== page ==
Submissions that feature the following are highly encouraged:


  1. Microbial distribution and diversity across landscapes
  2. Microbial community structure and function
  3. Cells exhibiting complex intracellular membranes
  4. Relationships between membrane structure and function
  5. Contributions of lipids to membrane structure and function
  6. Effects of environmental parameters on membrane structure and function
  7. Sterol biology
  8. Exceptions to the “rules” governing cell biology


Artistic response:

A digital copy of a work of art in any medium (poem, prose, visual art, musical composition choreography, video…), responding to scientific information represented in the Microbestiary. Modest honoraria are available for some selected artistic contributions.


Submission and evaluation process:

Please send submissions or inquiries to: Submitters of both scientific and artistic material will receive a decision on use of their submissions from the Microbestiary administrators. In the case of submissions considered potentially suitable for use on the site, we will initiate a conversation to discuss this further. Contributors of material accepted for the site will be asked for a brief note for the Contributor Profiles page.


Microbestiary is grateful for generous support from:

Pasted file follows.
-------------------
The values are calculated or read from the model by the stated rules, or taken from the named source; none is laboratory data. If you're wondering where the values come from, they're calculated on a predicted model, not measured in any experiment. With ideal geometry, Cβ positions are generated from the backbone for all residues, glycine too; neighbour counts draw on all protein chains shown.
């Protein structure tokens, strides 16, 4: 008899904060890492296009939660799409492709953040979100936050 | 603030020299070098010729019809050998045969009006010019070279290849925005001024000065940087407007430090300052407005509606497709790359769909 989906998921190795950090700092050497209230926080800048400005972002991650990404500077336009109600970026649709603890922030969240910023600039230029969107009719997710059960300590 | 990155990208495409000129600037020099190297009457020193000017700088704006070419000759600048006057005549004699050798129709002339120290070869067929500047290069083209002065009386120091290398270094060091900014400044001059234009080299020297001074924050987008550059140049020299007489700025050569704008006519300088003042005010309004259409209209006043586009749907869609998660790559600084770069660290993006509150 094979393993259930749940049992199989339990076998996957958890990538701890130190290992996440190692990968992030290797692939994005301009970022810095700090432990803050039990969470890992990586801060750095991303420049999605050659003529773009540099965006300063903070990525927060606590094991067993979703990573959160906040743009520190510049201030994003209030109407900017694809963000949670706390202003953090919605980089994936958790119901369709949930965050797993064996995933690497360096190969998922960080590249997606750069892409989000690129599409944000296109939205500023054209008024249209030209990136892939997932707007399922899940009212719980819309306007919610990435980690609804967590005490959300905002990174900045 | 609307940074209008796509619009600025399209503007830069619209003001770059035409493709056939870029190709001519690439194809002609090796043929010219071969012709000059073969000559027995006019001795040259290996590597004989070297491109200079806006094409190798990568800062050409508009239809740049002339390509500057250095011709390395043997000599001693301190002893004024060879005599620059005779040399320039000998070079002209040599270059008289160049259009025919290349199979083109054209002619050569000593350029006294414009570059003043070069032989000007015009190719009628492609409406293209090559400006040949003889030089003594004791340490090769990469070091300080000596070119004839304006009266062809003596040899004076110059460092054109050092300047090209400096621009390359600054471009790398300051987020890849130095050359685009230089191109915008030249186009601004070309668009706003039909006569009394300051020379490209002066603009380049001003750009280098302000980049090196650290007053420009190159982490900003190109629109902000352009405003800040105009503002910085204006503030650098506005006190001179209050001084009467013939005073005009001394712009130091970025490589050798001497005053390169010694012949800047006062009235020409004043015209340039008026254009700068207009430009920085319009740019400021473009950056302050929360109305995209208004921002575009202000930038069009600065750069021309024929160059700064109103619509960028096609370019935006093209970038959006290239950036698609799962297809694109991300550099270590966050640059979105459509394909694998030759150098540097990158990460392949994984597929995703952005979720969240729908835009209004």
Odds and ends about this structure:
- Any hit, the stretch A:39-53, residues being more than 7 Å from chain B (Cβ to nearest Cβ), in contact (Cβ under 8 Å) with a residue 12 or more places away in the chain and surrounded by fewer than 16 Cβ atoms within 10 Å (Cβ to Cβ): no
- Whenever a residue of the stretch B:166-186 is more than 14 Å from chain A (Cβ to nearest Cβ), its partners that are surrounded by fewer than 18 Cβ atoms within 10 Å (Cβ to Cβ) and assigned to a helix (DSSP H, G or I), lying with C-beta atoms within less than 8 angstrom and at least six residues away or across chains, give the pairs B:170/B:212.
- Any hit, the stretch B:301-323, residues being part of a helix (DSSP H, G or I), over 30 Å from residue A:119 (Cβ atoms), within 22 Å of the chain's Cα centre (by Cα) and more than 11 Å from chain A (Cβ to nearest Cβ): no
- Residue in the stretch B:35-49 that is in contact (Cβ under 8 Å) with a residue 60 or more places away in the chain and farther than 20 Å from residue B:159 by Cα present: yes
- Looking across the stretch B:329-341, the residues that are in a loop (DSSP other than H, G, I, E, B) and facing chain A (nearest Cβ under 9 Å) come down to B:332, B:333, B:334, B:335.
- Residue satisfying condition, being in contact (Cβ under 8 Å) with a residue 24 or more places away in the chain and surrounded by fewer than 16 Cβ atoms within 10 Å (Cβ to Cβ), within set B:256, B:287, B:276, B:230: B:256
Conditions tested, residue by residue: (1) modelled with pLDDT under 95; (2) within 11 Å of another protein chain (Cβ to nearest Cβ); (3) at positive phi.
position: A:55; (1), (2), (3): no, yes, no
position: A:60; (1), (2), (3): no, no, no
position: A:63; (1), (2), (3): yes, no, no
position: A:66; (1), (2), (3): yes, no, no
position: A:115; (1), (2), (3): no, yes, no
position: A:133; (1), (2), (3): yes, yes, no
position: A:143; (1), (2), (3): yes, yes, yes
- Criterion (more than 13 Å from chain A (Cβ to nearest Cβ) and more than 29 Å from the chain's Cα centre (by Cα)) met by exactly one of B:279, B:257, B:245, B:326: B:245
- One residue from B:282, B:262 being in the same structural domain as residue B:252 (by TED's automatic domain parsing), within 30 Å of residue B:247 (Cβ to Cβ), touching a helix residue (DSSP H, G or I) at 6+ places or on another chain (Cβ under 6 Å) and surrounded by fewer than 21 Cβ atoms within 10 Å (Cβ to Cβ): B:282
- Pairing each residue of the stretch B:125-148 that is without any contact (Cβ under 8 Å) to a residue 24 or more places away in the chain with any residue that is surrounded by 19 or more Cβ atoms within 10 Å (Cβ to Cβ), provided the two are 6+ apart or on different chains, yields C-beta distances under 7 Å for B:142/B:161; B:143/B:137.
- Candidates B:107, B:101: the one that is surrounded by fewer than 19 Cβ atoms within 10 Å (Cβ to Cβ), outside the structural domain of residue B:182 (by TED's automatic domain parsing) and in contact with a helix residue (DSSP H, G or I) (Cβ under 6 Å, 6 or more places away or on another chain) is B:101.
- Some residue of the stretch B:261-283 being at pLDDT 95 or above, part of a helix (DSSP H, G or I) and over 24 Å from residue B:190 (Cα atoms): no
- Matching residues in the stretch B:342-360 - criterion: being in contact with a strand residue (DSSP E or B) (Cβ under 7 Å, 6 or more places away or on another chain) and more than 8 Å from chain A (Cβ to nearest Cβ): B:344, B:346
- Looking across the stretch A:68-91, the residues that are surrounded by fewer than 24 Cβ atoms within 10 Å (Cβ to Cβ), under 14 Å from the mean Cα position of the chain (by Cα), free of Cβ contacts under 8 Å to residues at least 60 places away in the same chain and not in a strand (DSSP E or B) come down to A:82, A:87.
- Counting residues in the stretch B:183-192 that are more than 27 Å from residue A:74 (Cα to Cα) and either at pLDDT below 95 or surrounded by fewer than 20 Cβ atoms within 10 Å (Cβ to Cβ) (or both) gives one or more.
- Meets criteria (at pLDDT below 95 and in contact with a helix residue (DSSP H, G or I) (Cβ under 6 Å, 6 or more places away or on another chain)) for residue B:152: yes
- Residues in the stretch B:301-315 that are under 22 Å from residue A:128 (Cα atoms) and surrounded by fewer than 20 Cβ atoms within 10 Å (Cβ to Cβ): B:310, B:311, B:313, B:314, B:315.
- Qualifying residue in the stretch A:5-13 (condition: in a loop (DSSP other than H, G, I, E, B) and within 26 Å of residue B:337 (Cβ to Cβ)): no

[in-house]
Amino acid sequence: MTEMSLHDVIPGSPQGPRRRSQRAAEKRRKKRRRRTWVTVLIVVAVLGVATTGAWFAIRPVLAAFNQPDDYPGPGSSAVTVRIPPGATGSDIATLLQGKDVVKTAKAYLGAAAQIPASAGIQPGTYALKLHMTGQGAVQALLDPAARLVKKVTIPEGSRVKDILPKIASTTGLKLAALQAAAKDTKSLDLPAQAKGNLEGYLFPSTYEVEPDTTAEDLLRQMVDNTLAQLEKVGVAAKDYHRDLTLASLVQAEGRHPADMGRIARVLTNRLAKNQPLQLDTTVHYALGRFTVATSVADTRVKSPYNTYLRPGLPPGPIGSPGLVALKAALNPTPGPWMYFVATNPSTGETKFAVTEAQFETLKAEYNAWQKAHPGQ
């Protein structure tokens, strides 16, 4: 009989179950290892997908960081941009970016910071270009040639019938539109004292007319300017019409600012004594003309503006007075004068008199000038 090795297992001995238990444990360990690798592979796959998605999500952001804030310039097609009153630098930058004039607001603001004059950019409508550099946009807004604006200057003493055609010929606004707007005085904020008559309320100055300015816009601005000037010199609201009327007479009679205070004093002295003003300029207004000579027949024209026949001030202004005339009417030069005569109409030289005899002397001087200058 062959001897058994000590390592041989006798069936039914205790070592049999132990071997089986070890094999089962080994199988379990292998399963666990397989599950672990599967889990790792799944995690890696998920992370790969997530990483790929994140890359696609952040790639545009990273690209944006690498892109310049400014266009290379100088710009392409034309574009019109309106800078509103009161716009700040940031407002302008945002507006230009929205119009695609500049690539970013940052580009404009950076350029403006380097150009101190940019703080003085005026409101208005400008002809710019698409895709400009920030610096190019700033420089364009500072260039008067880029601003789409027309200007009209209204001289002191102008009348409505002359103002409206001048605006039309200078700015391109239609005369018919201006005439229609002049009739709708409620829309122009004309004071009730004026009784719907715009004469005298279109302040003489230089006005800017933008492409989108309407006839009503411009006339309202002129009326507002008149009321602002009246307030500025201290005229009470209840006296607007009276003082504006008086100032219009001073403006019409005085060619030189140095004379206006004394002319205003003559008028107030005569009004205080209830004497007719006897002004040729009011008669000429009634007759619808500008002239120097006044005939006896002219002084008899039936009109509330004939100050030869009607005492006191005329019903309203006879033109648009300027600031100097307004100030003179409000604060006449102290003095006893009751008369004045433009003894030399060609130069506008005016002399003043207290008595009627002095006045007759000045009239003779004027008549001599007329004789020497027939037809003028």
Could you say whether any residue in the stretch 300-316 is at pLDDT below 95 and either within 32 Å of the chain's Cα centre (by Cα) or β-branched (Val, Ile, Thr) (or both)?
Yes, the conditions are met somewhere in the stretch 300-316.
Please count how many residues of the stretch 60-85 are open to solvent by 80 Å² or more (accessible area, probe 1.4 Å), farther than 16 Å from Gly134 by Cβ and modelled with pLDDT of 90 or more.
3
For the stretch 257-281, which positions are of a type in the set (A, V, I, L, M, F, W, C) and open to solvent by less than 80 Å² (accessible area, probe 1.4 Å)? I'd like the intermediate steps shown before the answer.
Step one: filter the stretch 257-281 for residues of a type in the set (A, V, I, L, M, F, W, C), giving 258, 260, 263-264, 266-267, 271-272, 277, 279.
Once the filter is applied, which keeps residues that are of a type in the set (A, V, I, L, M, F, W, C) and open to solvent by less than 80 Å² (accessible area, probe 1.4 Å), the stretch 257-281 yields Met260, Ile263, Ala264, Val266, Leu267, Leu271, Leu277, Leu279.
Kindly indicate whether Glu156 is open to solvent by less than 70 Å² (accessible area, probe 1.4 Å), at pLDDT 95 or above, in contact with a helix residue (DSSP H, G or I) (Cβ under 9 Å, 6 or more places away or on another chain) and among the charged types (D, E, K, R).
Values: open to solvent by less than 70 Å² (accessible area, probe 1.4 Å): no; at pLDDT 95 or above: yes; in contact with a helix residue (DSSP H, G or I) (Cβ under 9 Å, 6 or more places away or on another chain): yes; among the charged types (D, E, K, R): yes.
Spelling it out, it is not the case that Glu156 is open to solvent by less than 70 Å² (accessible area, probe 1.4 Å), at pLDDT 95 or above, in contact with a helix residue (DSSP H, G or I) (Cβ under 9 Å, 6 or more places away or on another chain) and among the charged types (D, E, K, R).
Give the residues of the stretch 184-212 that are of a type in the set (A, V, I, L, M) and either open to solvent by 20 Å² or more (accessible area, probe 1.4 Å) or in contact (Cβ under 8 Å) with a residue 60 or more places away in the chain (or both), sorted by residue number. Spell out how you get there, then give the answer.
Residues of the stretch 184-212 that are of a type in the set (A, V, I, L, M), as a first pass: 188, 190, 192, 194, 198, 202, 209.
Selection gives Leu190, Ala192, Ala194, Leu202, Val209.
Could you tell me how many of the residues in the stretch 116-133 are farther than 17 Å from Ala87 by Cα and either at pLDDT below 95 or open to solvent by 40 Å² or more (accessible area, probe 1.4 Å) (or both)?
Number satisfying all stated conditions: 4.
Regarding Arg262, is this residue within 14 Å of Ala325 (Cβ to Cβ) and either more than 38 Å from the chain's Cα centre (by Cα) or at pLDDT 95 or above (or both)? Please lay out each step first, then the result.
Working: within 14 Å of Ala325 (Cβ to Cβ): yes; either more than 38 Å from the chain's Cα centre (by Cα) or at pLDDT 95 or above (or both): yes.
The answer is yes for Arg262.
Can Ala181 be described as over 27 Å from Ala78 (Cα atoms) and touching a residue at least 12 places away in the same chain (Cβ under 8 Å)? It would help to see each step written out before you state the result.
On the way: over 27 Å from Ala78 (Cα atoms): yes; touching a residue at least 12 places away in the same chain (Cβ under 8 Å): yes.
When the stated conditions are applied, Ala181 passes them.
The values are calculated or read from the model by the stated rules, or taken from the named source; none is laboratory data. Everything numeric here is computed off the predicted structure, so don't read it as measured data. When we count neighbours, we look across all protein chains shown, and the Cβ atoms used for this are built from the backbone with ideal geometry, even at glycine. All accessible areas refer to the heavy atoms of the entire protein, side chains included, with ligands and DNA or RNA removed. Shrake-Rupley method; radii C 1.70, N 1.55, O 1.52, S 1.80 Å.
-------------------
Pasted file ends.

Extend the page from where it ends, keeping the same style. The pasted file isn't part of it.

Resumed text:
The Berry Biodiversity Conservation Center of the University of Wyoming

The Creative Writing MFA Program of the University of Wyoming



The Bestiary has a rich and varied history, and many contemporary exemplars.  Here are just a few:




Anon. Physiologus. Trans. Francis J. Carmody. The Book Club of California, 1953.

In this volume, Carmody has “reconstructed” the oldest bestiary, originally a gathering of “some fifty legends of animals, plants and stones” by a Christian monk in Egypt or Palestine, in each of which the monk found “a mystic meaning.” The book includes illustrations by Mallette Dean.





Imaginary Beings by Borges


Borges, Jorge Luis, with Margarita Guerrero. The Book of Imaginary Beings. Trans. Andrew Hurley. Penguin, 2006.

Borges and Guerrero describe themselves as having “compiled a volume of the strange creatures that man’s fantasy has engendered through time and space,” and emphasize its incompleteness, inviting readers to send them descriptions “of their own local monsters.” This particular edition is illustrated by Peter Sís.




Casper and Henderson BarelyImaginedThings


Henderson, Caspar. The Book of Barely Imagined Beings: A 21st Century Bestiary. Univ. of Chicago Press, 2013.

Henderson, seeking to acknowledge that “for much of human history attempts to understand and define ourselves have been closely linked to how we see and represent other animals,” borrows traditional structures (such as alphabetical ordering of entries) from older bestiaries, but writes entries that incorporate up-to-date information about the various beasts (mostly creatures of the sea).